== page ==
The UK retirement housing sector is positioned at the convergence of three macro trends. First, a housing crisis, the resolution of which is intensifying the need to diversify from traditional housing models. Second, a rapidly ageing population. Third, a growing societal focus on lifestyle, health and wellbeing that is likely to be amplified in the response to the coronavirus pandemic.
From this need to evolve, a fast-growing sector is emerging: retirement communities. These typically range in size from 60 to 250 homes, located in a mix of urban centre and out-of-town settings. They provide residents with their own home, a range of on-site amenities such as restaurants and other leisure facilities and a 24/7 safety net of on-site care services.
"The offer to residents is more than just a great, fit-for-purpose home; it's about promoting wellbeing and active lifestyles, keeping people living independently for longer," Gowling WLG partner Dominic Morris said. "There's a growing body of evidence that living in these communities can help tackle loneliness and have wider, tangible health benefits for residents."
Those championing the benefits of retirement communities put considerable emphasis on the health and wellbeing benefits of the communities. The Associated Retirement Community Operators anticipates that, if the sector grows in accordance with its projections, it can deliver £5.6B of savings for the UK's health and social care systems by 2030.
The coronavirus pandemic has shone a light on the work the sector is doing. In May, Minister of Care Helen Whately wrote an open letter praising the sector's handling of the crisis and pledging continued support for providers. There is growing political recognition, at both a central and local government level, of the role retirement communities can play in meeting the housing, health and care needs of their residents. The wider social dividend this yields ranges from releasing under-occupied family housing back to the market to freeing up hospital beds.
Catching Investors' Eyes
For real estate developers and investors, retirement communities offer many interesting possibilities.
"Real estate investors are increasingly looking to engage in different areas of the housing market and for them, retirement communities offer an exciting prospect," Morris said. "We have seen a [steep] change in institutional and private equity participation in the retirement communities sector over the last few years, but the market is far from crowded. Its appeal as a platform to deliver stable, long-term income streams is only set to increase as existing operators expand and new entrants join the sector."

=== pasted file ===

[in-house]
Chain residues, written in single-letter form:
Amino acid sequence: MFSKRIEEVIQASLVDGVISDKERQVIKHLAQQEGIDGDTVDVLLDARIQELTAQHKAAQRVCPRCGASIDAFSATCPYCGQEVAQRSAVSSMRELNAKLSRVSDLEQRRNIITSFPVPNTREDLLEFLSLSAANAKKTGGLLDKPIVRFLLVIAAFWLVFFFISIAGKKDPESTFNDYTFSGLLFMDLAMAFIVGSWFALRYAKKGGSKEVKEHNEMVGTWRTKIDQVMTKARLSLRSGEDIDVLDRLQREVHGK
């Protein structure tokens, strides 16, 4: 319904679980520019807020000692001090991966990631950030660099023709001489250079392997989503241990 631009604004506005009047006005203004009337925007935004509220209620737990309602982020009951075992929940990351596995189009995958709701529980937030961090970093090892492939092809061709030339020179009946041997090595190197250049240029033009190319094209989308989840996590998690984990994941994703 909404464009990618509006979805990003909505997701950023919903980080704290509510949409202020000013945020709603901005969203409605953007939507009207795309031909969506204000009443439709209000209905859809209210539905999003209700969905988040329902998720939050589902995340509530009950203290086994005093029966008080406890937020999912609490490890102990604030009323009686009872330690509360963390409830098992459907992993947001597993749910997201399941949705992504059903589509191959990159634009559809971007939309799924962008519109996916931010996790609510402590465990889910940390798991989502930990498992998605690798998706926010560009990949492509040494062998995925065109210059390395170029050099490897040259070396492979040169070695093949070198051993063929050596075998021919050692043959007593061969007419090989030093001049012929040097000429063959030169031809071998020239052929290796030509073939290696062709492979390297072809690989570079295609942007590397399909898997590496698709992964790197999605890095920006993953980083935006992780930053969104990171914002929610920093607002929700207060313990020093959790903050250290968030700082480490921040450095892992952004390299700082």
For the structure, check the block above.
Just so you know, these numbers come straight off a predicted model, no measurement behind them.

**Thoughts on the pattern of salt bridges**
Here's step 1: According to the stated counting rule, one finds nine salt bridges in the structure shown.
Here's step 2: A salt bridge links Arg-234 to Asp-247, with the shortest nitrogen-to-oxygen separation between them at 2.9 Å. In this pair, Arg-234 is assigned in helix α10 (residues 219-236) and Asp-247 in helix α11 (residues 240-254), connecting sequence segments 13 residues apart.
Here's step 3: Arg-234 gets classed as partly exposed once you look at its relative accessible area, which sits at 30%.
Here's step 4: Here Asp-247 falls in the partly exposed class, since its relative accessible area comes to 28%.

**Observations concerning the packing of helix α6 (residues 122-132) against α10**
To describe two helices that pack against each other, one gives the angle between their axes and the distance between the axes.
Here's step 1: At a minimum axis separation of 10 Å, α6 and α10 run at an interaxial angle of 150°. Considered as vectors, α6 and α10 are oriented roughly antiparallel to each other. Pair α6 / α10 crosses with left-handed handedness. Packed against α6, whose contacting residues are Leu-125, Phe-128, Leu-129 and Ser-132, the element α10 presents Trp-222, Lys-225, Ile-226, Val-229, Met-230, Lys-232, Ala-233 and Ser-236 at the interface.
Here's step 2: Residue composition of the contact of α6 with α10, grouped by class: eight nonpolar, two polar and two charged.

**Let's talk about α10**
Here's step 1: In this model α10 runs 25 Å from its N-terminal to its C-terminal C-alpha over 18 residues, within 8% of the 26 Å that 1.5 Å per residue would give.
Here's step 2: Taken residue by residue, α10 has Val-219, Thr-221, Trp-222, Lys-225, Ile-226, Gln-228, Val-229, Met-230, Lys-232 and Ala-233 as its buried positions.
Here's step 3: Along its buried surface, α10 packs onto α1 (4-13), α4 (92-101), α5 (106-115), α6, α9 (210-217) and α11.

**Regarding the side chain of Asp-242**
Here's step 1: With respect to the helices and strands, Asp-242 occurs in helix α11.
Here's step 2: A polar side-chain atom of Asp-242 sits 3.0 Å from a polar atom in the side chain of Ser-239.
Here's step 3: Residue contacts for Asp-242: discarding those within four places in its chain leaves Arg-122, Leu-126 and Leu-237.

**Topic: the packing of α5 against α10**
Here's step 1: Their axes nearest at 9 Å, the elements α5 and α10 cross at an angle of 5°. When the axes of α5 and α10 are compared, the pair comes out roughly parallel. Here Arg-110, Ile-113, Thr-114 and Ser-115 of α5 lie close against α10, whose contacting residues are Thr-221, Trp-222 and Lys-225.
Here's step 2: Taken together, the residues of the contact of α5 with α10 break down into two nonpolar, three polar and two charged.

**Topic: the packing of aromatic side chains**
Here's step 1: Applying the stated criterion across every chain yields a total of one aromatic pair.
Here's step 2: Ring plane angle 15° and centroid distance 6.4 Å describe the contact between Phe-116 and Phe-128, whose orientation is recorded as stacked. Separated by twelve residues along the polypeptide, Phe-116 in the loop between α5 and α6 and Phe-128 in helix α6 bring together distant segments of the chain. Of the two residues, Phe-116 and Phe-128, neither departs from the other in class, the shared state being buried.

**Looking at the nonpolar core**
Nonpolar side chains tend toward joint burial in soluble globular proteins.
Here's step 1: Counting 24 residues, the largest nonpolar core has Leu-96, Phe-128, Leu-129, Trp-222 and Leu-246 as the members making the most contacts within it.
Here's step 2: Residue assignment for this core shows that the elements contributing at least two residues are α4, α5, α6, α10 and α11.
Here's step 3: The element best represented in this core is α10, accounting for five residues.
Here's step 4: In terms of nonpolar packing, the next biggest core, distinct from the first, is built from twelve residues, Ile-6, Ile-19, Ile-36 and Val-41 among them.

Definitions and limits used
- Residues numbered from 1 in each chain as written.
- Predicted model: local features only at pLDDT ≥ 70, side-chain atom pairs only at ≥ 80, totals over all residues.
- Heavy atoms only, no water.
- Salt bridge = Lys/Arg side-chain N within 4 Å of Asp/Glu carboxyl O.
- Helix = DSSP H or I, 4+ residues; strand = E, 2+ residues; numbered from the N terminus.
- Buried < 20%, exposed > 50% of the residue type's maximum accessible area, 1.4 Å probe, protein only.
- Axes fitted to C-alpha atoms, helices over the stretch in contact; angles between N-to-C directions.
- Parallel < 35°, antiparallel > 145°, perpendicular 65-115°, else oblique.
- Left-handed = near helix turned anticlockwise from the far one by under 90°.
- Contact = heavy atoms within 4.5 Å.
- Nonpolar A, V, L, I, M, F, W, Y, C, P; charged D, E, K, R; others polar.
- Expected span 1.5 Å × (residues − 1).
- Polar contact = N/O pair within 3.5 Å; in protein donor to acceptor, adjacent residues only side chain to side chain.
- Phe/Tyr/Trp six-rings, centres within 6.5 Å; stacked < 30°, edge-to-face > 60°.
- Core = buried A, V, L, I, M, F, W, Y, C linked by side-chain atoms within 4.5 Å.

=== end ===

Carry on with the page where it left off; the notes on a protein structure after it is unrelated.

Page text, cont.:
In a relatively nascent market, there is an opportunity to develop portfolios of scale and to help define the sector's products. At present, less than 1% of the UK's over-65 population lives in retirement communities. In comparison, retirement communities house up to 6% of the over-65 population in the U.S., Australia and New Zealand.
The UK has seen several notable deals in recent years and new entrants are actively engaging in the market. In 2017, Legal & General's later living business acquired Inspired Villages Group and has since set up its urban later living business, Guild Living. AXA has acquired Retirement Villages Group and, like Legal & General, has ambitious plans for growth. Goldman Sachs has set up its Riverstone Living platform and is due to open its first scheme later this year. Last year, Octopus Real Estate and Schroders Real Estate entered into a £400M, four-site joint venture with established sector operator Audley Group.
A New Financial Model
Historically, the sector has been dominated by not-for-profit operators but now private operators form the fastest growing part of the market. The private sector has to date largely focused on the luxury end of the market but there is a growing focus on the mid-market opportunity. Audley has launched its Mayfield brand to focus on this mid-market opportunity and other operators are doing the same. With this trend, the sector is seeing an increasing diversification of tenure and products available to residents.
The sector's core operating model is built around the sale of long, premium leases to residents that generate event fees on re-sale. Within this model, operators are looking at innovative ways to allow flexing of the financial terms of the leases for each new resident. Purchasers have payment options that now include shared ownership. There is also a growing rental opportunity. Some operators, such as Birchgrove, specialise in build to rent, while others are offering rental products alongside long lease products as part of a tenure-blind offer.
The macro trends of the housing crisis, our ageing population and the health and wellbeing agenda, are now converging with the scaling up of investment in the sector like never before. There is now an excellent opportunity for the retirement communities sector to achieve significant growth and become a clearly recognisable and established part of the UK housing market.
This feature was published by the Bisnow Branded Content Studio in collaboration with Gowling WLG.